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I've been working on some quantum mechanics problems and arrived to this one where I have to deal with subscripts. I got stuck doing this: I have $\epsilon_{imk}\epsilon_{ikn}=\delta_{mk}\delta_{kn}-\delta_{mn}\delta_{kk}$. But then I went to check and $\delta_{mk}\delta_{kn}-\delta_{mn}\delta_{kk}$ is equal to $\delta_{mn}-3\delta_{mn}$. Why is that so? Thank you in advance.

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  • $\begingroup$ Presumably, they're using Einstein convention i.e. indices appearing twice are summed over. Hence one really has $\sum_{k=1}^3\delta_{kk}=\delta_{11}+\delta_{22}+\delta_{33}=3.$ $\endgroup$ – Semiclassical Dec 10 '16 at 19:44
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Levi Civita symbol $\epsilon_{ikl}$ is defined as it follows $$\epsilon_{ikl} = \left\{ \begin{array}{cl} 1 & if\quad i\neq k\neq l\quad and \quad even \quad permutation\\ -1& if\quad i\neq k\neq l\quad and \quad odd\quad permutation\\ 0 & otherwise \end{array}\right.$$

From this definition, let's start with the contraction of $\epsilon_{ijk}$ in its first index: $$\epsilon_{ikl}\epsilon_{imn}=\delta_{km}\delta_{ln}-\delta_{kn}\delta_{lm}\tag1$$

Where $\delta_{ik}$ is the Kronecker delta (identity matrix), a symmetric isotropic tensor and it is defined as it follows $$\delta_{ik} = \left\{ \begin{array}{cl} 1 & if\quad i= k\\ 0 & otherwise \end{array}\right.$$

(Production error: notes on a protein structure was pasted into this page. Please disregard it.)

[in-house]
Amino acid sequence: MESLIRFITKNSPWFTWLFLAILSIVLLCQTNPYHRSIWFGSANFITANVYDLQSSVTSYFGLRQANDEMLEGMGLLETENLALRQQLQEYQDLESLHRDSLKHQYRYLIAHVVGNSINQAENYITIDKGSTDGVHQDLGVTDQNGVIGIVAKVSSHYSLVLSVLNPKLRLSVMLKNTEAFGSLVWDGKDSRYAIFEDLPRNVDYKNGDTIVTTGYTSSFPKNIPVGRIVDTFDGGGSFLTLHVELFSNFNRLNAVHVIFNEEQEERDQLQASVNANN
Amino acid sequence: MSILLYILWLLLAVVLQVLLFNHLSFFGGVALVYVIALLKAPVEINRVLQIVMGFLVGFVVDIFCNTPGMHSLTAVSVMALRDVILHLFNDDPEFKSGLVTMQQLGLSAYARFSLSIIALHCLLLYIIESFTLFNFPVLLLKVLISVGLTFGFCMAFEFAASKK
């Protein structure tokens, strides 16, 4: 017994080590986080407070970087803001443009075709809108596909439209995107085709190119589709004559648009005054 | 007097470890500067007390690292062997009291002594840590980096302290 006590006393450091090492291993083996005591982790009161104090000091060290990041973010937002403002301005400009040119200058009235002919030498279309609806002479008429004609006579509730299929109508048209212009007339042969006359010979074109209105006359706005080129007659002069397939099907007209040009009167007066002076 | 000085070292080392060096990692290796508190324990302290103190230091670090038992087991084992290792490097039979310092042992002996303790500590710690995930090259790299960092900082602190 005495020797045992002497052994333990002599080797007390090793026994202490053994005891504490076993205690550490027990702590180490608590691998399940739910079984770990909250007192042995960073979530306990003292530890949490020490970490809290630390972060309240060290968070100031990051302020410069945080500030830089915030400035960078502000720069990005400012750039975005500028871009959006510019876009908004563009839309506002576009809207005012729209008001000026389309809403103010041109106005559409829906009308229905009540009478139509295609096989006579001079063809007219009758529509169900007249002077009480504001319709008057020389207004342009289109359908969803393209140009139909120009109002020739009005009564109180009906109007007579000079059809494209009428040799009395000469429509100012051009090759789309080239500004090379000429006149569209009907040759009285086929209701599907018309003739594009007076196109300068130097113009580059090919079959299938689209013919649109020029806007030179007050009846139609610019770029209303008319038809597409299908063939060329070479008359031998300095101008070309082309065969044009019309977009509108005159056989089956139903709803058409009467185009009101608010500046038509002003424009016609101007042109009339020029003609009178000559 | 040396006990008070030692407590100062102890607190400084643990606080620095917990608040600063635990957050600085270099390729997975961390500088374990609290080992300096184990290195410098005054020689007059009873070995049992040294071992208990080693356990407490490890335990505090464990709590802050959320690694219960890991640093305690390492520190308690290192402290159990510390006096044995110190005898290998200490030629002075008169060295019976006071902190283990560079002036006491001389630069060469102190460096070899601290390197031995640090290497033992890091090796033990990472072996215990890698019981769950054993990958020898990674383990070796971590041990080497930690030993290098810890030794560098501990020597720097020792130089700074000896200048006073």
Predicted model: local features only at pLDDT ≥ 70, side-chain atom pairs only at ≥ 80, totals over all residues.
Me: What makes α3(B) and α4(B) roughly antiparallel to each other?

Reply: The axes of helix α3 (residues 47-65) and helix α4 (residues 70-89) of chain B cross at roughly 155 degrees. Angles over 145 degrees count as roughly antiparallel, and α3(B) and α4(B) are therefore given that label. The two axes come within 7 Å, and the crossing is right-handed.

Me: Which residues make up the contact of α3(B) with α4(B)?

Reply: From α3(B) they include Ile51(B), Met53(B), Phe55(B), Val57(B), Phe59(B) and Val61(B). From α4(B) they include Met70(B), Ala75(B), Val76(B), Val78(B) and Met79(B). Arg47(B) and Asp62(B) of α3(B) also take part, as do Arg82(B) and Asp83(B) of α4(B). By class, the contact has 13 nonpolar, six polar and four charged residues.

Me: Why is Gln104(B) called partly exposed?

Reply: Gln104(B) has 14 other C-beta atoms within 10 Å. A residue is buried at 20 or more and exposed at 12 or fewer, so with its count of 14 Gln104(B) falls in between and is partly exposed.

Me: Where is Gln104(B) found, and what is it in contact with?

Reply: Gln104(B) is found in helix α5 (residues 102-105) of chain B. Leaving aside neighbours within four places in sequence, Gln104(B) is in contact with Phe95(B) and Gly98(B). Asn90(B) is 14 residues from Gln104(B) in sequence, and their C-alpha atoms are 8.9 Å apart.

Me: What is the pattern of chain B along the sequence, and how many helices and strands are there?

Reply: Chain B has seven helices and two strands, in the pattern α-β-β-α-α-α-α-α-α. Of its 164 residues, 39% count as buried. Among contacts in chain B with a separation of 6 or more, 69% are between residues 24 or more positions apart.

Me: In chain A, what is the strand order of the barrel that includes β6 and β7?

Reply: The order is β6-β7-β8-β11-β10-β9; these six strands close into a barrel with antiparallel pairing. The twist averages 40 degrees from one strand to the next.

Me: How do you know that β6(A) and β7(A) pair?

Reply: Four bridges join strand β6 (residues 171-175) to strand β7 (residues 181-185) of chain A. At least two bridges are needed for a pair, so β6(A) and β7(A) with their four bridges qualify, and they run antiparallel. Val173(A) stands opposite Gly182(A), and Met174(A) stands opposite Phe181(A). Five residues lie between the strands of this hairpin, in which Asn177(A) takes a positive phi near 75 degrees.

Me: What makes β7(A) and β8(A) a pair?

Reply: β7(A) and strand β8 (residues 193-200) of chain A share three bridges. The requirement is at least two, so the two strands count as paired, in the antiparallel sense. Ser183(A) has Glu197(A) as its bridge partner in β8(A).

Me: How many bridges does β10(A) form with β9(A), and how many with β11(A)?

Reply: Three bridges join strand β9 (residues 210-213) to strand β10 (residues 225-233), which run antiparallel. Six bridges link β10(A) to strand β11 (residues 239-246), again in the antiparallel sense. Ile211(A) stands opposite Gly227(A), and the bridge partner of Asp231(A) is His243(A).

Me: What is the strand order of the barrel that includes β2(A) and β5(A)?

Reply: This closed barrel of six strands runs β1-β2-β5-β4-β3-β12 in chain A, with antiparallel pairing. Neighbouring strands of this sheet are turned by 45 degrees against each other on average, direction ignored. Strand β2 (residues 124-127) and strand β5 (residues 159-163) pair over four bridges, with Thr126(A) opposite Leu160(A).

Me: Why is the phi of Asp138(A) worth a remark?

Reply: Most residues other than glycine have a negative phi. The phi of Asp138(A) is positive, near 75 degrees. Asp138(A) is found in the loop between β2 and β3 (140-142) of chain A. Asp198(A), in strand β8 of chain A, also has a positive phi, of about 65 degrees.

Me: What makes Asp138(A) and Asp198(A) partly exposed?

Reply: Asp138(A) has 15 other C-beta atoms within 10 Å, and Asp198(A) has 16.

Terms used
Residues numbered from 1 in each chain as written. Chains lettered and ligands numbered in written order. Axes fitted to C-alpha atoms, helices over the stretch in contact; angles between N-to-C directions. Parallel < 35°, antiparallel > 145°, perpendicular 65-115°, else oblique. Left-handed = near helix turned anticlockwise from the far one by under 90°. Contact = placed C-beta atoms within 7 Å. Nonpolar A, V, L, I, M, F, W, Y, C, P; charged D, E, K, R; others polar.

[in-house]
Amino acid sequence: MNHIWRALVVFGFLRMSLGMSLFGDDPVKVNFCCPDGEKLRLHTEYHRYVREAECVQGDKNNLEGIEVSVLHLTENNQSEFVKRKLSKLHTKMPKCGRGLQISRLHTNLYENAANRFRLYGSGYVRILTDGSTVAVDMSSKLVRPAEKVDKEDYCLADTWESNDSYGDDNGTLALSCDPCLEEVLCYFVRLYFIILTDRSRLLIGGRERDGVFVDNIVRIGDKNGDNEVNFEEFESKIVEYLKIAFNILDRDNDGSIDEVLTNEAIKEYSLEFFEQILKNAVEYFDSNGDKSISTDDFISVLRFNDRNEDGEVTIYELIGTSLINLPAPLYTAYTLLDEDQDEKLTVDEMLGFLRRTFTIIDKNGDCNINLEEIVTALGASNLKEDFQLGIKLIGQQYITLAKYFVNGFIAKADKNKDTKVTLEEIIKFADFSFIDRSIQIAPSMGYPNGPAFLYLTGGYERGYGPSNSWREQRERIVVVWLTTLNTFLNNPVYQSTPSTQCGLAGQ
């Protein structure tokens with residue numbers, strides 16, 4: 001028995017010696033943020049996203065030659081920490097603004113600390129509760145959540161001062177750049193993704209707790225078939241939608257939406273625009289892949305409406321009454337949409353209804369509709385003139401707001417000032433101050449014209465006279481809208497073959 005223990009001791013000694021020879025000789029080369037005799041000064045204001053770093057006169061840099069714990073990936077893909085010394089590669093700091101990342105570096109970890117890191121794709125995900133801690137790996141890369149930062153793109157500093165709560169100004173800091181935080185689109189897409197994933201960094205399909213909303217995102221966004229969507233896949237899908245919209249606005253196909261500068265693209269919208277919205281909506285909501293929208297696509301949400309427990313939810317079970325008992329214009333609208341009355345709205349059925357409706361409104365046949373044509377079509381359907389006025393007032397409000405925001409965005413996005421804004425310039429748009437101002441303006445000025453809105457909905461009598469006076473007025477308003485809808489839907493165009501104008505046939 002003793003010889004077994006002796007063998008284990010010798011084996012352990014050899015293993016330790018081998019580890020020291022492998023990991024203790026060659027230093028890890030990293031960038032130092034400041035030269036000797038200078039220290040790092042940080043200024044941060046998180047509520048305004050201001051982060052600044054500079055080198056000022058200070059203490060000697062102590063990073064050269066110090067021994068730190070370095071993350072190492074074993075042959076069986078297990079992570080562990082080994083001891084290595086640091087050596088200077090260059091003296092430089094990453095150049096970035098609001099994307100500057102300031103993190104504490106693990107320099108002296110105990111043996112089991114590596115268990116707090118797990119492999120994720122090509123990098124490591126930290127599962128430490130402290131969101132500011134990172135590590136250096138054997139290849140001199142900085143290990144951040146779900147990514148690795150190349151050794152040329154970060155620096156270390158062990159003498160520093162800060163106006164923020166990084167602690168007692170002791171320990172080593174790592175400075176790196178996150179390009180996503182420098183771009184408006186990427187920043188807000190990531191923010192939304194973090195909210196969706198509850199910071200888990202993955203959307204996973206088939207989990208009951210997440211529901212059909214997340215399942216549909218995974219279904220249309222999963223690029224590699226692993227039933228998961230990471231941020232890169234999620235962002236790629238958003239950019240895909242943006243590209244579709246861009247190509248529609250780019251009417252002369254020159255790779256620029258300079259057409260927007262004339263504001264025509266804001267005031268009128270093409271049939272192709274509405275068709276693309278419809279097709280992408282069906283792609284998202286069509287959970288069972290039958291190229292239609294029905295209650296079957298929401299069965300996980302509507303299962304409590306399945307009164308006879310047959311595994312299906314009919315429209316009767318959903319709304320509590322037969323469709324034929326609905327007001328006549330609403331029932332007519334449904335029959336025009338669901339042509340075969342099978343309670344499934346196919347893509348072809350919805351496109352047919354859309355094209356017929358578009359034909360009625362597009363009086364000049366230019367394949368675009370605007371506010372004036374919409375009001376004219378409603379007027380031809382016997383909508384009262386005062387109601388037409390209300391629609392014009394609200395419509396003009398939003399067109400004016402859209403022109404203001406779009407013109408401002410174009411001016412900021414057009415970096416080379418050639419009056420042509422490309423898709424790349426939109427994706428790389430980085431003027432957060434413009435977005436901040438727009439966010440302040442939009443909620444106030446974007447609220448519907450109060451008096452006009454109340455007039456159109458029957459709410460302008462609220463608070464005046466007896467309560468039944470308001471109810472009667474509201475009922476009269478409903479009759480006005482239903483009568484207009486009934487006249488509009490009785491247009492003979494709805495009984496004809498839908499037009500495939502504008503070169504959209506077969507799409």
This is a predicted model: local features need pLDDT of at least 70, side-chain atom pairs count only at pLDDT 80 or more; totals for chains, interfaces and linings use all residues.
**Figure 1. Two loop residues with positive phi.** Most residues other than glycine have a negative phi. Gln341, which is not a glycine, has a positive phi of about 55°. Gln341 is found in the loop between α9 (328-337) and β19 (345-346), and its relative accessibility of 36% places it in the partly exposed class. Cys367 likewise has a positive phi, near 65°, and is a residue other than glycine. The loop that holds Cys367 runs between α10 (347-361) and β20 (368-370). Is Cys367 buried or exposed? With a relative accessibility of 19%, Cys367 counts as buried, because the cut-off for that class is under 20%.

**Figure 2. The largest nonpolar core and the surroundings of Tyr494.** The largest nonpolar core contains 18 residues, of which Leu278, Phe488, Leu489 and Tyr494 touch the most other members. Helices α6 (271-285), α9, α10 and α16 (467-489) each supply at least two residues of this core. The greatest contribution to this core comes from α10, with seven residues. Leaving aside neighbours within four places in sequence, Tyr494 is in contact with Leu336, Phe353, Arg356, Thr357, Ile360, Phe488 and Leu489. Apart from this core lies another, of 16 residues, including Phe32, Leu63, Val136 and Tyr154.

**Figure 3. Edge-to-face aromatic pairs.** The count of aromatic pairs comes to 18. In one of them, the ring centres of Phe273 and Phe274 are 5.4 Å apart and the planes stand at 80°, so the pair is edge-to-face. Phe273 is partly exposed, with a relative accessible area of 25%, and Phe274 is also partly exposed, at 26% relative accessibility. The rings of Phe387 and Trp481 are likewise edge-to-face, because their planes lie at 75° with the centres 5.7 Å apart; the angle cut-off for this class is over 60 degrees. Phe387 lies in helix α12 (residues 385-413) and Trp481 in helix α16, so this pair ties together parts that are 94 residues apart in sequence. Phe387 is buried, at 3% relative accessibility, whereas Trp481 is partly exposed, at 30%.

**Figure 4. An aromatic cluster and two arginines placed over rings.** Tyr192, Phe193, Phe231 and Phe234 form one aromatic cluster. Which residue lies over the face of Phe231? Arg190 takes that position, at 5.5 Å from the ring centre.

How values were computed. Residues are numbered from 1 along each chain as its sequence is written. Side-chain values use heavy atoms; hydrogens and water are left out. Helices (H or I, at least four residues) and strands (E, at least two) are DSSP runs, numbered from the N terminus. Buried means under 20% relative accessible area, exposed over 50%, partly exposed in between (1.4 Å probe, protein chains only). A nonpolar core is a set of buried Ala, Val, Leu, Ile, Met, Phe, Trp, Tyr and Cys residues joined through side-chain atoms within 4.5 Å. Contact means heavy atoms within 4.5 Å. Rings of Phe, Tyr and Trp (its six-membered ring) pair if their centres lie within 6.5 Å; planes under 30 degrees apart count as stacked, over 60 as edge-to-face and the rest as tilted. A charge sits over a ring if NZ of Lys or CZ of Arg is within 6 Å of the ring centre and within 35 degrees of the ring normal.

Contracting $(1)$ once more, $\textit{i.e.}$ multiplying it by $\delta_{km}$ we have $$\delta_{km}\epsilon_{ikl}\epsilon_{imn}=\epsilon_{ikl}\epsilon_{ikn}=\delta_{km}(\delta_{km}\delta_{ln}-\delta_{kn}\delta_{lm})=\delta_{kk}\delta_{ln}-\delta_{kn}\delta_{kl}=\delta_{kk}\delta_{ln}-\delta_{ln}\tag2$$ Recall that $\delta_{lk} = \delta_{kl}$ due to symmetry properties and $\delta_{km}\delta_{km}=\delta_{kk}=\delta_{mm}$ since they are dummy indices (repeated indices indicated summation over this index).

Now comes the term $\delta_{ii}$, this quantity is a scalar, and represents the trace of the identity matrix in a n-dimensional space, therefore $\delta_{ii}=n$ and finally $(2)$ is written as it follows $$\epsilon_{ikl}\epsilon_{ikn}=(\delta_{kk}-1)\delta_{ln}=(n-1)\delta_{ln}$$ If one contracts again, the following identity $$\epsilon_{ikl}\epsilon_{ikl}=n(n-1)$$

In your case $n=3$.

Hope this helps you

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Another approach is to write $$\epsilon_{ijk}=\hat x_i\cdot(\hat x_j\times \hat x_k)$$Then, we have

$$\begin{align} \epsilon_{imk}\epsilon_{ikn}&=\hat x_i\cdot(\hat x_m\times \hat x_k)x_i\cdot(\hat x_k\times \hat x_n)\\\\ &=(\hat x_m\times \hat x_k)\cdot(\hat x_k\times \hat x_n)\\\\ &=\hat x_m \cdot (\hat x_k\times(\hat x_k\times \hat x_n))\\\\ &=\hat x_m \cdot(\delta_{nk}\hat x_k-\delta_{kk}\hat x_n)\\\\ &=\delta_{nk}\delta_{mk}-3\delta_{mn} \end{align}$$

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  • $\begingroup$ It is really nice! $\endgroup$ – HBR Dec 10 '16 at 20:06
  • $\begingroup$ @hbr Thank you! Much appreciative. -Mark $\endgroup$ – Mark Viola Dec 10 '16 at 20:10
  • $\begingroup$ Please let me know how I can improve my answer. I really want to give you the best answer I can. And Happy Holidays! -Mark $\endgroup$ – Mark Viola Dec 17 '16 at 16:30

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